Recognizing the enormous shift in perspective required on the part of XMOS to successfully engage with a growing community, this MANIFESTO is designed to bootstrap discussion. In itself this may never be perfect document, but that is not the intent. The success of this document will be measured in the extent to which it brings together a community with a shared purpose, and to the degree that a formal organization emerges to meet the needs of all concerned. This document is just the start...
Call to Action
So, now, formally, the members of the XMOS community, including all users or potential users of XMOS technologies, the company XMOS Ltd itself, and its employees and business partners, are hereby invited to participate in the institution of an XMOS Foundation.
All members of the the wider XMOS community, including all users or potential users of XMOS technologies, employees and business partners of XMOS, are invited to participate in the discussion, the empowerment of a pro tem board, the agreement of articles of incorporation, and the holding of an election of officers.
The XMOS Foundation shall represent the interests of the community of users and producers of XMOS technologies, and promote the development of hardware and software designs that help broaden the scope of the XMOS platform, and grow the market for XMOS related products.
In particular to:
- Provide clear, neutral, and sustainable ownership of contributed code.
- Provide a decision-making structure for essential community activities.
- Interface with XMOS, the company, to represent the needs of the Foundation membership.
- Assist XMOS in the transition to greater transparency and openness for the benefit of Foundation members.
As a high-priority, the initial board of directors will take steps to develop a simple yet robust legal framework for ownership of hardware and software source code contributions that protects the rights of all contributors, and encourages collaboration.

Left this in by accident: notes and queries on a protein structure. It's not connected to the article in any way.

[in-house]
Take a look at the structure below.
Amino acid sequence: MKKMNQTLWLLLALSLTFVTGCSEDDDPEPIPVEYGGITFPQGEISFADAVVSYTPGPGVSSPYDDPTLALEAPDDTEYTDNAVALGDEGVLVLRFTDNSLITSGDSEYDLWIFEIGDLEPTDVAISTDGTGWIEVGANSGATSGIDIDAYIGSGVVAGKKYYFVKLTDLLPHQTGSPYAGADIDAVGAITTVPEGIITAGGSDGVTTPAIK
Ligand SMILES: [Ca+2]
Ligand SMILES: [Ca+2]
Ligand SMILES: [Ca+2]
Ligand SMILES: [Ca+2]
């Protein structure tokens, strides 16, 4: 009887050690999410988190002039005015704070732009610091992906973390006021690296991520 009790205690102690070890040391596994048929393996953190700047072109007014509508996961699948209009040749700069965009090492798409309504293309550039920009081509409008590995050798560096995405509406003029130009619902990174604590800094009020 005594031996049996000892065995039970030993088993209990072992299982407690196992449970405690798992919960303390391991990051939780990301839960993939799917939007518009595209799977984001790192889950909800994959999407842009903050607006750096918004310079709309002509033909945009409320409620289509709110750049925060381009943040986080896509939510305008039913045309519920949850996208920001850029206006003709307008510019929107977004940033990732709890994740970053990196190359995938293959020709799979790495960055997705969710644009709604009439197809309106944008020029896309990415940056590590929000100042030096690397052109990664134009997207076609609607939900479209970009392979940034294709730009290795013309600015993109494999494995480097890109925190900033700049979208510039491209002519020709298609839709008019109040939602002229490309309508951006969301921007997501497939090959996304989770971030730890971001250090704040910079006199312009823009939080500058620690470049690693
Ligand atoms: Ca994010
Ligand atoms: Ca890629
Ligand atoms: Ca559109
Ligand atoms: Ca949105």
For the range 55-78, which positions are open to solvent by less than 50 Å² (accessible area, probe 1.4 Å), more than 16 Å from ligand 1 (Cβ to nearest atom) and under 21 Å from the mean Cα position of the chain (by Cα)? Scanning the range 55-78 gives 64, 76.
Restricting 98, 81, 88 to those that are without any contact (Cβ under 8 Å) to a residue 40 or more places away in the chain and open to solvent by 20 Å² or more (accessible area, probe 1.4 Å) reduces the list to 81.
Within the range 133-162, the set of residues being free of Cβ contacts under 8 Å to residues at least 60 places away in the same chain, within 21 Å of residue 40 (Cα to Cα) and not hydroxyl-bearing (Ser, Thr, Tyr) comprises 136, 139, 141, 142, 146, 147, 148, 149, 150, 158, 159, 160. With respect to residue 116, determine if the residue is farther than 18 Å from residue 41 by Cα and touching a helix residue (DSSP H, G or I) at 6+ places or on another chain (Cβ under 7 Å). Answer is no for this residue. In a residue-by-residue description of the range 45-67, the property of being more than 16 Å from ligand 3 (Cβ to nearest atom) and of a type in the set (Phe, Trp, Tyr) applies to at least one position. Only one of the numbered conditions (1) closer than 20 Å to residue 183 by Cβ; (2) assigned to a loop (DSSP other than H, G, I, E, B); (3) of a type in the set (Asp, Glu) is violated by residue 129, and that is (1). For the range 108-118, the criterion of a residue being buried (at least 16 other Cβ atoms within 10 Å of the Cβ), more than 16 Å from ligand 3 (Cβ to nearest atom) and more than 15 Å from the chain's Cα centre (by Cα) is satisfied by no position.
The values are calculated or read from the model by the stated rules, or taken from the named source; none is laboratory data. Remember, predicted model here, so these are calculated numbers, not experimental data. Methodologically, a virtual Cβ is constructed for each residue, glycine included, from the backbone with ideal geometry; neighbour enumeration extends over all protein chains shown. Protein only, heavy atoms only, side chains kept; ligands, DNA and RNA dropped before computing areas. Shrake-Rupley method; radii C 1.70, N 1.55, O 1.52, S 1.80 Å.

The board will immediately foster productive and professional engagement with XMOS Ltd, to determine what role the Foundation can play in the transition to openness.
To take part in the Foundation Discussion, please join the group here: http://groups.google.com/group/xmos-foundation?hl=en
The point of the first goal-bullet is to ensure that, as the XMOS eco-system grows, Foundation members can contribute improvements in the knowledge that they will remain usable by the whole community. This counteracts the fear that would exist both inside and outside the community that if members use code or hardware designs in a product, there may be a legal challenge that would harm their business, by causing expensive lawsuits. Anyone who contributed under this agreement would sign their contributions over in perpetuity to the Foundation, and the foundation would protect the rights of foundation members (and non-members) to use that code without fear of legal issues. This is a lot like the role of the Apache Foundation, Plone Foundation, etc.
The expectation is that the foundation would attempt wherever possible to use existing legal patterns, such as those exemplified by the Apache Foundation, the Plone foundation, etc, to reduce duplication f effort, and maximize effort on such projects as improving the technologies, support for collaboration, supporting new technology ports, improving the standing of this technology in the marketplace, etc.
 This wikipedia article gives a useful history: http://en.wikipedia.org/wiki/Open-source_software